In Neutune (Newton), two carucates; Ergune (Arkholme), six carucates; Ghersinctune (Gressingham), two carucates; Hotun (Hutton Roof, co. Westm.), three carucates; Cantes felt (Cantsfield), three carucates; Irebi (Ireby), three carucates; Borch (Burrow, par. Tunstall), three carucates; Lech (Leck), three carucates; Borctune (Burton-in-Lonsdale, co. York), four carucates; Bernulfesuuic (Barnoldswick, co. York), one carucate; Inglestune (Ingleton, co. York), six carucates; Castretune (Casterton, co. Westm.), three carucates; Berebrune (Barbon, co. Westm.), three carucates; Sedberge (Sedbergh, co. York), three carucates; Tiernebi (Thirnby), two carucates.

All these vills belong to Witetune (Whittington).

Twelve manors. In Ousteuuic (Austwick, co. York) and Heldetune (Harden, par. Clapham), Clapeham (Clapham, co. York), Middeltun (Middleton, par. Kirkby Lonsdale, co. Westm.), Manzserge (Mansergh, co. Westm.), Cherchebi (Kirkby-Lonsdale), Lupetun (Lupton, co. Westm.), Prestun (Preston, co. Westm.), Holme, (Holme, par. Burton-in-Kendal), Bortun (Burton-in-Kendal,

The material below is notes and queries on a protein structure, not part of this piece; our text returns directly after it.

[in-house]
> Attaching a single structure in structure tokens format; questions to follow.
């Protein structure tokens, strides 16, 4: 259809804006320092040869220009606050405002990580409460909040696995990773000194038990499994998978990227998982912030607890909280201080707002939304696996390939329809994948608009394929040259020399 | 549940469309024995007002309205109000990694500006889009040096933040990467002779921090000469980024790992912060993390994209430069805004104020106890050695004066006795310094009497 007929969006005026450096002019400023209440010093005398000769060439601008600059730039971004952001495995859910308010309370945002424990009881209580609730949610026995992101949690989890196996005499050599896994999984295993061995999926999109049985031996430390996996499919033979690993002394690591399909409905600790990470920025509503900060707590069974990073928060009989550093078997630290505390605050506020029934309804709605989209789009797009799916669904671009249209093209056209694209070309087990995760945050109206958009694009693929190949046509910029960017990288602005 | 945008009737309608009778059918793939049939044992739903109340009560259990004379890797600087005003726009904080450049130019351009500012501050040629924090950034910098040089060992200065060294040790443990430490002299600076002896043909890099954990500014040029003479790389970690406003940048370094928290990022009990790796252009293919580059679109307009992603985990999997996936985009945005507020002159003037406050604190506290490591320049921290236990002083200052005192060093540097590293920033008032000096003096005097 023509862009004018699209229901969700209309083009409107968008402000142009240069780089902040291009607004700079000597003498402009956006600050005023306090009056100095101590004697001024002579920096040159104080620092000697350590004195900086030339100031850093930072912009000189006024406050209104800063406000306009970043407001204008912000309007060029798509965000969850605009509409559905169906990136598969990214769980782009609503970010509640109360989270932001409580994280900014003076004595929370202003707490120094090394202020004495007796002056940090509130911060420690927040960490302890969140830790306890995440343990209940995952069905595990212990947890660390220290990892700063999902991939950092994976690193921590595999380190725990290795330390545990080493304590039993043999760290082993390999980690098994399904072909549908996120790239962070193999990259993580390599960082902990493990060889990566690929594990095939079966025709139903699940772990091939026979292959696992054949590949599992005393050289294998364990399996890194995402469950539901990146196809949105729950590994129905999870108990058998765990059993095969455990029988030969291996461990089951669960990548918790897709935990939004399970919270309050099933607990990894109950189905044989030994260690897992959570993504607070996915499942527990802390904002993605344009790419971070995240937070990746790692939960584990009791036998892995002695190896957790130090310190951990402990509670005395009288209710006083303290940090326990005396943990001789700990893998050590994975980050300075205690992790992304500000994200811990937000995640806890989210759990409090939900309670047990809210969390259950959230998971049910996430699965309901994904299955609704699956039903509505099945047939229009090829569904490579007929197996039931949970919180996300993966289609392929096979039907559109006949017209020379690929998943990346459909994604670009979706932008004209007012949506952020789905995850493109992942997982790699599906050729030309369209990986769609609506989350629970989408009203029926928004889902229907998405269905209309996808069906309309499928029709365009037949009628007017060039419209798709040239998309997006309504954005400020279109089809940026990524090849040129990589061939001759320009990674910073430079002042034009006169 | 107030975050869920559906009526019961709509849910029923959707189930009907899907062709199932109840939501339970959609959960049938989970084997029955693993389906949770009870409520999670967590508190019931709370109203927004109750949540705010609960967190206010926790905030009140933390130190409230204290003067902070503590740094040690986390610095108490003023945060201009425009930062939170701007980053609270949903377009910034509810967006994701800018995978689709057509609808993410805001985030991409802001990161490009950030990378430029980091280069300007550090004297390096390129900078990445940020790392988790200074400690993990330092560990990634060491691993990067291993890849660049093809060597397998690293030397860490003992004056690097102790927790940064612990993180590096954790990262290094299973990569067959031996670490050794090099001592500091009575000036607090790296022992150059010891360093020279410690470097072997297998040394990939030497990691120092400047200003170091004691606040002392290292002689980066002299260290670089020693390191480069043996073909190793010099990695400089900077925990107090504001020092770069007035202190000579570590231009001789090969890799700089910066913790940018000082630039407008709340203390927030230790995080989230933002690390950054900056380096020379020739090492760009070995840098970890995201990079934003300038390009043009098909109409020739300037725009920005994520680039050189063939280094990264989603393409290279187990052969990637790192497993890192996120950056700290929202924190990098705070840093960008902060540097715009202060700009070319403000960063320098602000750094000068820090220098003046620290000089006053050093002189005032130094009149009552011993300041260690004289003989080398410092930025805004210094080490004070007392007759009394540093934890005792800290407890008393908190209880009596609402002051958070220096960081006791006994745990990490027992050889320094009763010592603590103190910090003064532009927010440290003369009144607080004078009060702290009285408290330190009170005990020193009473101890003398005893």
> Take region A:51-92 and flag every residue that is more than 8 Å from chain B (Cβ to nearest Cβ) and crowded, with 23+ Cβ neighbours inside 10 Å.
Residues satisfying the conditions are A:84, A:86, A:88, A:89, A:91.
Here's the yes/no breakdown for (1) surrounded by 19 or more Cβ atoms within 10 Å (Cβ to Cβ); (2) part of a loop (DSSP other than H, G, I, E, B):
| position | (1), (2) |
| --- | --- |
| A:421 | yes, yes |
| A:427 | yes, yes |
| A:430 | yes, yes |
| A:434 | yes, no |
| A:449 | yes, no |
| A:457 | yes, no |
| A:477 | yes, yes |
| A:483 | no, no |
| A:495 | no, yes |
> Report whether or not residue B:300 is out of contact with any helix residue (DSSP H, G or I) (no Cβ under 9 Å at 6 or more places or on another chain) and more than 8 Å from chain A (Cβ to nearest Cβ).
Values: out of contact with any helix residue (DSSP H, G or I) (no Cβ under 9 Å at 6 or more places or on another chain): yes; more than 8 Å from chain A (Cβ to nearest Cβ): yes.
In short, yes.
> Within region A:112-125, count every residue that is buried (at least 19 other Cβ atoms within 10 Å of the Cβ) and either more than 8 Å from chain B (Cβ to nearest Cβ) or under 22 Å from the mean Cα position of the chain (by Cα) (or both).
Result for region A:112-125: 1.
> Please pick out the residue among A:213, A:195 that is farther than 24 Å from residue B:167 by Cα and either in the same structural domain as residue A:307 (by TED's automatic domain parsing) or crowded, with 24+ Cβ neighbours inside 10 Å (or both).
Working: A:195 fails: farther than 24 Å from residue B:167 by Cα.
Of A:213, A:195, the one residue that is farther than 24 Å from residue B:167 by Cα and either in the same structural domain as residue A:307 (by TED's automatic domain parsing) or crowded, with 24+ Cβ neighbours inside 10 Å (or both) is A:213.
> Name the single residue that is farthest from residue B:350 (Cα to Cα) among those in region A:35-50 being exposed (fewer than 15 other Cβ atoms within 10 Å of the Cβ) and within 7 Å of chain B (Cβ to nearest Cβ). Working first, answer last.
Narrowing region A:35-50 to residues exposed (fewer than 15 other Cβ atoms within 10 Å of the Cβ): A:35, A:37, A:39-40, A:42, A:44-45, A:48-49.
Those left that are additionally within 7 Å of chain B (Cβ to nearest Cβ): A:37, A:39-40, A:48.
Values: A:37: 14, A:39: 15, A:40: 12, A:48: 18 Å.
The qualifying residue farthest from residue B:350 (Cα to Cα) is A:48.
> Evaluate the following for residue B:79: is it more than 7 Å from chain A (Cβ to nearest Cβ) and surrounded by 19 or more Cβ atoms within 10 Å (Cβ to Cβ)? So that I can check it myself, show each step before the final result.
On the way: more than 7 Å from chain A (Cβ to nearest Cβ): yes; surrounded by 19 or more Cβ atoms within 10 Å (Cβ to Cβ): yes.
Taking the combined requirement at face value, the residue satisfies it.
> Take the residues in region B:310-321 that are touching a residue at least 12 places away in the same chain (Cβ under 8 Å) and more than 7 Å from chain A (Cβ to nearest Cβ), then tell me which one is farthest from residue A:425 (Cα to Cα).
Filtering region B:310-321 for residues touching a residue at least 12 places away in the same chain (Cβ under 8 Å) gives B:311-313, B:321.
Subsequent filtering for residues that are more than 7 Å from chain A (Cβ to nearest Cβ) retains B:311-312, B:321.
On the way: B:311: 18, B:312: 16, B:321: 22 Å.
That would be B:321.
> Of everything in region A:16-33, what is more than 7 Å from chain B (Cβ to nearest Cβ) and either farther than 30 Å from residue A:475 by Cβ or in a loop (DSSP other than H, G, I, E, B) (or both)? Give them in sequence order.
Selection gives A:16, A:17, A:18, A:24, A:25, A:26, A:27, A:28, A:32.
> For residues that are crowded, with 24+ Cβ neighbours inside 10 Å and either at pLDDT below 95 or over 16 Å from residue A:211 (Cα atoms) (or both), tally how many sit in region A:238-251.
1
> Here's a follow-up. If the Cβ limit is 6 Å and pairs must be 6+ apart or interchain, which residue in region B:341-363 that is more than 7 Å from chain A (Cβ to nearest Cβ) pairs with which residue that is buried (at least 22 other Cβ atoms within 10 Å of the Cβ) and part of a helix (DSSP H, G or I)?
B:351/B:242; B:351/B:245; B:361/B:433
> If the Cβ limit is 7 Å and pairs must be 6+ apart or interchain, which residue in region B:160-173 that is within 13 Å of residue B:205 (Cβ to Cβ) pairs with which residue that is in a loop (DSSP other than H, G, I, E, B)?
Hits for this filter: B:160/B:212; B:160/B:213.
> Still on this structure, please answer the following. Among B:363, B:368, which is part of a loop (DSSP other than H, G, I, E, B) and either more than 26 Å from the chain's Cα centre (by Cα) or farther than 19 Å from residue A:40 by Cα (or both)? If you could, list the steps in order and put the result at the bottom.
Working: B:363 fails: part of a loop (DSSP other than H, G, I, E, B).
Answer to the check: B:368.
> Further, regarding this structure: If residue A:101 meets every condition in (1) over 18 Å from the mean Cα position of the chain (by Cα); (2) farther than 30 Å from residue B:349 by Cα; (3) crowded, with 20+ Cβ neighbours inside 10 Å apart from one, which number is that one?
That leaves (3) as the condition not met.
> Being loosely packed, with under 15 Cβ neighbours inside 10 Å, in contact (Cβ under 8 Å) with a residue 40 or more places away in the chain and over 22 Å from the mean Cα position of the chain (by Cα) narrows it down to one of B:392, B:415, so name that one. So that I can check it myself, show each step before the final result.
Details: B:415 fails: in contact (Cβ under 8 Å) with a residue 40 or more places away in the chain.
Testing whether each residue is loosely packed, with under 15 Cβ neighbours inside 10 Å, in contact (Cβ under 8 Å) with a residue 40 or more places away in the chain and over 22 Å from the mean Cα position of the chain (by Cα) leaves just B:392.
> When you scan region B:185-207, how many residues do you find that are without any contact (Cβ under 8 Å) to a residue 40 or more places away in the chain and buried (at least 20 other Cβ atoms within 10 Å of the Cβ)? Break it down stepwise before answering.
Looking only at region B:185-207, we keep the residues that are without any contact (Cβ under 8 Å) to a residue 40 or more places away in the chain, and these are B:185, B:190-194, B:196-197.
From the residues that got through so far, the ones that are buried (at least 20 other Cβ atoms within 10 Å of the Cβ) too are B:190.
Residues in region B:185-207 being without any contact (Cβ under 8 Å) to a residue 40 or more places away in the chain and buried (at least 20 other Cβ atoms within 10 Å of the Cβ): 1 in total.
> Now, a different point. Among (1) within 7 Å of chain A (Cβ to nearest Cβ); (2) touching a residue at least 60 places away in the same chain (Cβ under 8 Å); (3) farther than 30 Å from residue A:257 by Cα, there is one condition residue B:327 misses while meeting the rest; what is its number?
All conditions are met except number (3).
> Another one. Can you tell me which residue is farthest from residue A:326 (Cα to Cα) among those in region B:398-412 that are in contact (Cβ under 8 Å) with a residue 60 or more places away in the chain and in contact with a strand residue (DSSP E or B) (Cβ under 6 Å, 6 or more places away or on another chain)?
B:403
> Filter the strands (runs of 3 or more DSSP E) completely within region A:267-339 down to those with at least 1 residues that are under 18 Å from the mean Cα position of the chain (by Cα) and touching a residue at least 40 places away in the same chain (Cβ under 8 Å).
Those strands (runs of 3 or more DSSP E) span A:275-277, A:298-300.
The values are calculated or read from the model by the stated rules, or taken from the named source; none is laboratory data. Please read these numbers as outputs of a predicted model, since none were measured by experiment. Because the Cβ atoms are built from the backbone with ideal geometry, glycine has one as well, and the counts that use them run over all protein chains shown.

30 Quare-at Preston, Kirkham and St. Michael's-on-Wyre.

The King.

co. Westm.), Hotune (Priest Hutton), Wartun (Warton), Clactun (Claughton), Catun (Caton). Torfin had these for twelve manors. In these there are forty-three carucates for geld.

Four Manors. In Benetain (Bentham, co. York), Wininctune (Wennington), Tathaim (Tatham), Fareltun (Farlton) [and] Tunestalle (Tunstall), Chetel had four manors, and there are in them eighteen carucates for geld, and three churches.

Manor. In Hougun (Low Furness), Earl Tosti had four carucates of land for geld.